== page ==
Noah, the oldest, contributes to our lives on the macro-level. He lives in the San Francisco Bay Area. There, he works as an associate attorney with the Environmental Protection Agency at their Southwest Regional Office. Specifically, he is part of a team that deals with the Clean Air Act.
Marilyn and I believe in strong regulatory environmental policies. We met and were married in Yosemite National Park. The treasure of our country’s National Park System testifies to the whys of good environmental planning. We must preserve and protect our natural resources. And nothing is more precious or endangered than the quality of the air we breathe.
Isaac, who is two years younger than his brother, sees to our well being in more immediate ways. When not flying around the world filming ski videos for Nimbus Independent, he works as a house builder. He is busy but occasionally has an idle day while waiting for inspections, etc. When free, he shares his skills with family and friends.
Last week, he re-structured our woodshed, spending an entire afternoon beefing up the roof. He repositioned poorly placed posts and added knee braces. Together, we moved the seasoned fir left by the previous owners aside, cleaned the interior, and then re-stacked everything. Finally, we hauled out the wood splitter and cleaved a truckload of hardwood Isaac had salvaged from one of his work projects. The sweet and sour scent of Big Leaf Maple filled the air. We took a moment to admire our work, and left the fresh splits in the open to cure for winter.
Even though I’d acted mostly as the “gofer,” there were instances when I had to rest my fluttery heart. These kinds of activities test the low-grade anemia associated with my cancer, multiple myeloma. My back is not as young as it used to be either, which gives me yet another reason to appreciate my son. If I’d had to act alone, this work would not get done. After his departure, I retreated inside to rest.
Any hint of back pain immediately puts a myeloma patient on red alert. The insidious nature of multiple myeloma weakens the bones. Small pinhole lesions lead to fractures and, often, collapsed vertebrae. Some of my acquaintances in the support group I attend have undergone khyphoplasties to alleviate pain caused by crumbling spines. Others receive monthly infusions of bone strengtheners to help prevent damage.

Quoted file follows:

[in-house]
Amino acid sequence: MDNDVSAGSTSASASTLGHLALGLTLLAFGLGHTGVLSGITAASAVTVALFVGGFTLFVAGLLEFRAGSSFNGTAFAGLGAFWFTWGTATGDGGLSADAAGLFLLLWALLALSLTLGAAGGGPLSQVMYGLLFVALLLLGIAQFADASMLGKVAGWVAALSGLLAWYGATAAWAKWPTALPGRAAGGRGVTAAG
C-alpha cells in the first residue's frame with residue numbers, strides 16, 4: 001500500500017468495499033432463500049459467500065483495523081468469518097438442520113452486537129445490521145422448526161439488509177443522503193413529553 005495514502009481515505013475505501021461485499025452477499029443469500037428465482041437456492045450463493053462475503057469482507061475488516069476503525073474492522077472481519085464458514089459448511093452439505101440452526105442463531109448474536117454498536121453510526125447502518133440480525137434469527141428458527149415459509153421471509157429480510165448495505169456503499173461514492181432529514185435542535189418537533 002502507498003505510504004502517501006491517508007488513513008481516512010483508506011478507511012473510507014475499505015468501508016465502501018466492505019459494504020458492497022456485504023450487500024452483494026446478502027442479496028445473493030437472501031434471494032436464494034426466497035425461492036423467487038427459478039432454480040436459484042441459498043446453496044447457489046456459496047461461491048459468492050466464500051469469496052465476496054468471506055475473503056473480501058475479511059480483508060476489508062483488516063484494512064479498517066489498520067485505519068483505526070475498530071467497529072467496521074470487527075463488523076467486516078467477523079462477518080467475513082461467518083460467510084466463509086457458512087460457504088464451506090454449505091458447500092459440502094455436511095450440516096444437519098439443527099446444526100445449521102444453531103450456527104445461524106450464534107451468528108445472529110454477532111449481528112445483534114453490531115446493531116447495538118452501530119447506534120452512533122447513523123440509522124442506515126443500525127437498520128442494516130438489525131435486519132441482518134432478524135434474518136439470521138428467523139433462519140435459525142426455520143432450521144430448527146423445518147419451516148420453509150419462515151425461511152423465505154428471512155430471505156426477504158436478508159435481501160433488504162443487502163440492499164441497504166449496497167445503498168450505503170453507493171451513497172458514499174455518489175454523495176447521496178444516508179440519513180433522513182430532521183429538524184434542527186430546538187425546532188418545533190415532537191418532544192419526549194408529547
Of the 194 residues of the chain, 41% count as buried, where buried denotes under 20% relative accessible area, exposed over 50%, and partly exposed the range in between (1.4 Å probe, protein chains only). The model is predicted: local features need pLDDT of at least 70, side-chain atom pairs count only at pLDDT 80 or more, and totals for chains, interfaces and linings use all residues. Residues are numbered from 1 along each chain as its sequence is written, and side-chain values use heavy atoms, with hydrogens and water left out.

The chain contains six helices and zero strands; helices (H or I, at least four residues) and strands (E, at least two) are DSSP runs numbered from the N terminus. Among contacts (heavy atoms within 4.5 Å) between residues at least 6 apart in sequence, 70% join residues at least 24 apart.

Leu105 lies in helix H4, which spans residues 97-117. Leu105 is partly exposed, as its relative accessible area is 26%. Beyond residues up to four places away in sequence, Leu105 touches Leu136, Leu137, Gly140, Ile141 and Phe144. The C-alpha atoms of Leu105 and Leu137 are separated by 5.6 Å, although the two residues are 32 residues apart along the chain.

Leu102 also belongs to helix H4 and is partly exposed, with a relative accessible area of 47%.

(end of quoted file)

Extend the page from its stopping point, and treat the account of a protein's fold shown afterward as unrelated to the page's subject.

I’ve been fighting my own back problems for well over a year. Skeletal surveys each January have, thus far, not revealed any bone involvement. That’s good but a bit inconclusive. The lesion must penetrate 30% of the depth of the boney surface before an X-ray detects the problem. So, when back pain such as mine flares up, it is reasonable to consider more precise imaging such as a PET/CT scan.
That’s the thing with MM: patients must bring rigor to managing their health. Gilda Radnor said it best, “It’s always something.” Recently, I had to treat a case of cellulitis with antibiotics. A painful red swelling appeared on the back of my leg. I feared a blood clot, one of the risks related to my drug cocktail. Though it turned out to be “just” an infection, those too can be dangerous to myeloma patients. Infections thrive in suppressed immune systems. As to my back, I exercise and strengthen it with regular stretching and swimming. I also utilize chiropractic adjustments, massage, and …well, I leave the heavy lifting to my son.
Fatherhood is the best thing that ever happened to me. I believe that most of the important work with children occurs early on. My wife and I read to them every night when they were little boys, then sang them to sleep when their eyes drooped. Noah and Isaac entered young adulthood confident that they were well loved and important. However, the operative principle after that period resembles decision making I apply to my cancer: less is more. We’ve been there for advice and support, but they have had to figure things out on their own.
I have good sons. I am proud of their life choices. They make the world a better place.